What do you love most about what you do?
Accessibility has taken me all around the world. The number of people who want to be trained in it is huge, and there are still far too few people who know how to train people really effectively.
But the main reason that I love accessibility is because, for me, it’s a much better challenge than anything else in digital. When you’re working with people who are so different from you, you can’t get away with just doing what everyone else is doing, their needs push you further.
To give one example, a few years ago Microsoft put us in touch with Guide Dogs, who were trying to help blind kids learn how to move around safely. They had these really useful exercises the kids had to do to pick up physical skills about personal space. One such exercise was how to bend down to pick up a set of keys to get them safely without bumping your head on a table. It was important stuff, but the kids were saying, “These exercises are just so boring. We feel so different. This is not fun.”
We’d already come up with audio-games for blind kids where you played the games through what you could hear, not see. And we’d come up with ways of recognising people’s body movements for a sign-language recognition system. So we worked with the kids to make the exercises control audio-games. Bending down and picking up keys is not fun. Temple Run is. None of the kids had been able to play that game, because it was not accessible to them. So we said, “Okay. If we do you a blind version of Temple Run, but to play it you’re going to need to learn how to do this bending down properly, would that be okay?”. They were like, “Bring it on!”.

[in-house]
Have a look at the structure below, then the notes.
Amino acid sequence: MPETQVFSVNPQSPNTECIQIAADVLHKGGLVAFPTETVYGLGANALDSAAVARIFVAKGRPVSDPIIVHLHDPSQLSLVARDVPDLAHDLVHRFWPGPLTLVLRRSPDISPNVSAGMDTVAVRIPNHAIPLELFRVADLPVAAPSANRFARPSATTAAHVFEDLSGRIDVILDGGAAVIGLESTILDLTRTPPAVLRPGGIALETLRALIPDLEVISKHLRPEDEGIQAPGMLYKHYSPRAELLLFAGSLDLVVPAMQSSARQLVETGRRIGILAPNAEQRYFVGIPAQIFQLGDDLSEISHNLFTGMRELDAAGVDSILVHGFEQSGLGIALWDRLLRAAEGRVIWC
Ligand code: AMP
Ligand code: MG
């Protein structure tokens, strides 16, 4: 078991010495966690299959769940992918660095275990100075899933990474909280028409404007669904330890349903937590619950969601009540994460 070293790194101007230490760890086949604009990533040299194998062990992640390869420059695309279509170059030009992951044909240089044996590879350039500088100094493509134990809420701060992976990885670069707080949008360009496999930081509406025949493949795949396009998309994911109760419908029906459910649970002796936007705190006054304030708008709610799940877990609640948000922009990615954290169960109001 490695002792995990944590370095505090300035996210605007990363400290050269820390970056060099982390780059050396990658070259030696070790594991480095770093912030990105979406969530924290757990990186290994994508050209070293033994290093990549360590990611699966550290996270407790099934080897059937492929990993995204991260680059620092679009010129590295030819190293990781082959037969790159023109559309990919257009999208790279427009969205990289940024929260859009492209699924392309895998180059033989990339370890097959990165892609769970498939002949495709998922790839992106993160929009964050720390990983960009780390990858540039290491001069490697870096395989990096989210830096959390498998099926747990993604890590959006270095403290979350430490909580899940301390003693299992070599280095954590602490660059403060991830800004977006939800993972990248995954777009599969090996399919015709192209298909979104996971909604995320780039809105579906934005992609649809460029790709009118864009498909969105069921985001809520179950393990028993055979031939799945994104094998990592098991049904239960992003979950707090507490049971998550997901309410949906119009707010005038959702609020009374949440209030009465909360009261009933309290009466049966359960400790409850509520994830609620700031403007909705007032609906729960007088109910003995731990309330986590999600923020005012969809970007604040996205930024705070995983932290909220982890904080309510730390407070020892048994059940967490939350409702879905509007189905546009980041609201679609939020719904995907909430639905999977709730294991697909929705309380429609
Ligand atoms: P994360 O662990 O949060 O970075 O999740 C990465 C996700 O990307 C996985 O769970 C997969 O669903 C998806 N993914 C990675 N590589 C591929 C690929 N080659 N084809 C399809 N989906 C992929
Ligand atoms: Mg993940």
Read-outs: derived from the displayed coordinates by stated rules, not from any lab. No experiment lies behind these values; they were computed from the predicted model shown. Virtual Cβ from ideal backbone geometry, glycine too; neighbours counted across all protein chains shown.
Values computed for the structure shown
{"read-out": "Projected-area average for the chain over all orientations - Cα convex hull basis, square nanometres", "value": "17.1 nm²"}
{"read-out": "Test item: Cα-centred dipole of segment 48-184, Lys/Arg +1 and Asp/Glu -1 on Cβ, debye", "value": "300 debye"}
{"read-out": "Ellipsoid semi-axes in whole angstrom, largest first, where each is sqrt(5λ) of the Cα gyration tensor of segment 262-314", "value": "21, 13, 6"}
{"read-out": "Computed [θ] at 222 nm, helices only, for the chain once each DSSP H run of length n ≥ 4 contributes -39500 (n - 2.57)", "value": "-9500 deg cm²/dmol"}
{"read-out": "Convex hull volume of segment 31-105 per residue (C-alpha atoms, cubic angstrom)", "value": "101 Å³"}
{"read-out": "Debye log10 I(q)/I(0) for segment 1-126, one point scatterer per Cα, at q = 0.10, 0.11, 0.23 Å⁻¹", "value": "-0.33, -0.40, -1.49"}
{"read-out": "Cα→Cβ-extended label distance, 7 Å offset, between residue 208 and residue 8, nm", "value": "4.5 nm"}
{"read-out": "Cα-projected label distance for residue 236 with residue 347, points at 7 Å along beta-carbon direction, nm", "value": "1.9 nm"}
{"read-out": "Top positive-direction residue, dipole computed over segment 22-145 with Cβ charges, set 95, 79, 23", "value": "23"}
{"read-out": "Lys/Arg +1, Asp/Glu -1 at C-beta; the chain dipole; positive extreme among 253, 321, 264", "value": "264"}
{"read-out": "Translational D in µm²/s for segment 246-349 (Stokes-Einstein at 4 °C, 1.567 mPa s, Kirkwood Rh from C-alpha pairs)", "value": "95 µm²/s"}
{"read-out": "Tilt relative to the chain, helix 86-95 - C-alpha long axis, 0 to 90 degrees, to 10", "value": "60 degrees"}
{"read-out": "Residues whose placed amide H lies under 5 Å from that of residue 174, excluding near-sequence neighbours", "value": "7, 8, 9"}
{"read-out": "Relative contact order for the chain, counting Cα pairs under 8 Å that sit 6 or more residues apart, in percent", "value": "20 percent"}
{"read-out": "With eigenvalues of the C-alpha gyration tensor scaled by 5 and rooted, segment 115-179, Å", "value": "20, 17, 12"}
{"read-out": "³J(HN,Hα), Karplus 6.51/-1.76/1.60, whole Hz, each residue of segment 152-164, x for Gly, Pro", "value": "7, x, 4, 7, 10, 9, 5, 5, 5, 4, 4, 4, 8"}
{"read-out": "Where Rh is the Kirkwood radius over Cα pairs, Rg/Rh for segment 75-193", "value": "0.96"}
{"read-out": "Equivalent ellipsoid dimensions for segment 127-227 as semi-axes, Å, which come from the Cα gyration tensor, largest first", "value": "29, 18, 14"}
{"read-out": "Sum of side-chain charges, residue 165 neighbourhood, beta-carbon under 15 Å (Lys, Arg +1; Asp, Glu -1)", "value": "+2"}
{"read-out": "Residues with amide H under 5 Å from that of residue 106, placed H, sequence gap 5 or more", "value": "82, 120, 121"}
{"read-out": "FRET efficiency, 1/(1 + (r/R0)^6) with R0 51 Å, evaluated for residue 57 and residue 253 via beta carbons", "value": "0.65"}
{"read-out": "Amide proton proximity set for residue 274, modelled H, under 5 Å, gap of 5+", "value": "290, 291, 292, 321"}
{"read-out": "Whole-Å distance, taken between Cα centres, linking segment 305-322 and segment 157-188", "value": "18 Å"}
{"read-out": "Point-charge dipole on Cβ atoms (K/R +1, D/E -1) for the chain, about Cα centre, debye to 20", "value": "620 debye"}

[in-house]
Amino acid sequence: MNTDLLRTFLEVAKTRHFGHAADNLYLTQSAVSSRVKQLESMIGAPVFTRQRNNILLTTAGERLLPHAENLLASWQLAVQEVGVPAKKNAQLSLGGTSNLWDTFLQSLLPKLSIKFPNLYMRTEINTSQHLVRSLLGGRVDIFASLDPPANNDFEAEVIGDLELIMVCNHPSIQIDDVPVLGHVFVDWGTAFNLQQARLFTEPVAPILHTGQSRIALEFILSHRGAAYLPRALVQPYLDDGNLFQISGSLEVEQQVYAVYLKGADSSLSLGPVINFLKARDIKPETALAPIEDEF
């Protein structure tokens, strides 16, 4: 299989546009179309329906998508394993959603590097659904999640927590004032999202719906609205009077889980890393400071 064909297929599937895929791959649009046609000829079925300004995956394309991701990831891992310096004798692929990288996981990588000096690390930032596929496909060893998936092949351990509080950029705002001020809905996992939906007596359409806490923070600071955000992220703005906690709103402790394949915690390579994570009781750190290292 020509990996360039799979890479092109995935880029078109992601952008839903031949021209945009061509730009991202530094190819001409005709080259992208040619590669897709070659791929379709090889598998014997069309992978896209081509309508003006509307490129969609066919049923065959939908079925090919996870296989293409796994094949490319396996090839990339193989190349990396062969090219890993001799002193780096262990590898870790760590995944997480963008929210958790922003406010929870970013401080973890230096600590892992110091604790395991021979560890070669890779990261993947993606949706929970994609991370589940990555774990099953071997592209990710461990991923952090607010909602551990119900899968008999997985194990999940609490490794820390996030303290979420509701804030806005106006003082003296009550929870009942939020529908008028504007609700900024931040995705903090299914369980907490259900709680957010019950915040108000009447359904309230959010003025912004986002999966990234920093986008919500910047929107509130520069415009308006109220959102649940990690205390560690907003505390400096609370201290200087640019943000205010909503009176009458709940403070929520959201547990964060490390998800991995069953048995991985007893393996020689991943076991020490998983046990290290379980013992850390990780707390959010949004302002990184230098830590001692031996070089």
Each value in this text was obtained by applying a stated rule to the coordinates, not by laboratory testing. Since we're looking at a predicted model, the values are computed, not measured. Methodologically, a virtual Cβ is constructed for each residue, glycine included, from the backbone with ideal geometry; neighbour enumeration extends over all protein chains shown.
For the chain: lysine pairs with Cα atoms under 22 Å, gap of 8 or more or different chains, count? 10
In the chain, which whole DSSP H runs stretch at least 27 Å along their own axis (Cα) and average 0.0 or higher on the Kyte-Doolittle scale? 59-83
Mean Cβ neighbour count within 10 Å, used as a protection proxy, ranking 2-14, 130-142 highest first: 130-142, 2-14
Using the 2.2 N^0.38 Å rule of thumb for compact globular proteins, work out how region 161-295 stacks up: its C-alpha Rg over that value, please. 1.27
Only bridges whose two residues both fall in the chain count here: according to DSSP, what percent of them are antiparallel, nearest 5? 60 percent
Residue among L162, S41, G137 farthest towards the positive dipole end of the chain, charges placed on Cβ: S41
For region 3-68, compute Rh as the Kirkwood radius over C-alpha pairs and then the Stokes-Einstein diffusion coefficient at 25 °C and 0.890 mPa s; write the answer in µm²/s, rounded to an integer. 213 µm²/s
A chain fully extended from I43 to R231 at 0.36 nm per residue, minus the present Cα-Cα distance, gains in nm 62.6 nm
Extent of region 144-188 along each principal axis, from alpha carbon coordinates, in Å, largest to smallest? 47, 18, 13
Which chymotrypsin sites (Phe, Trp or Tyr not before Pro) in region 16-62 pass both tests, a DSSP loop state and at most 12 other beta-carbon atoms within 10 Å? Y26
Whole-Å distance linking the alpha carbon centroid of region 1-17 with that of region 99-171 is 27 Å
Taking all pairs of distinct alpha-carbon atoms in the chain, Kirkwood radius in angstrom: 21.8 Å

It’s that sort of stuff where the challenge is. Where the fun is. It’s all about the people.
What’s the most important lesson you’ve learned over the course of your career?
You can’t do it on your own. Or, even if you can, it would be much more fun to do it with other people. Lots of organisations have what I call an “accessibility superhero”– someone who is passionate about accessibility, and spends all their time running around trying to make all of the organisation’s products accessible. My experience is that organisations that win in digital don’t do anything via a single point of failure, but embed what makes them successful in the way all of their people work.
That’s why I’ve spent years writing the British and International Standards for embedding accessibility in digital teams and organisations. Nothing else really works long-term. And I wouldn’t want to do what I do without the great team we’ve built at Hassell Inclusion.
What do you think is going to be the biggest challenge in our industry over the next twelve months?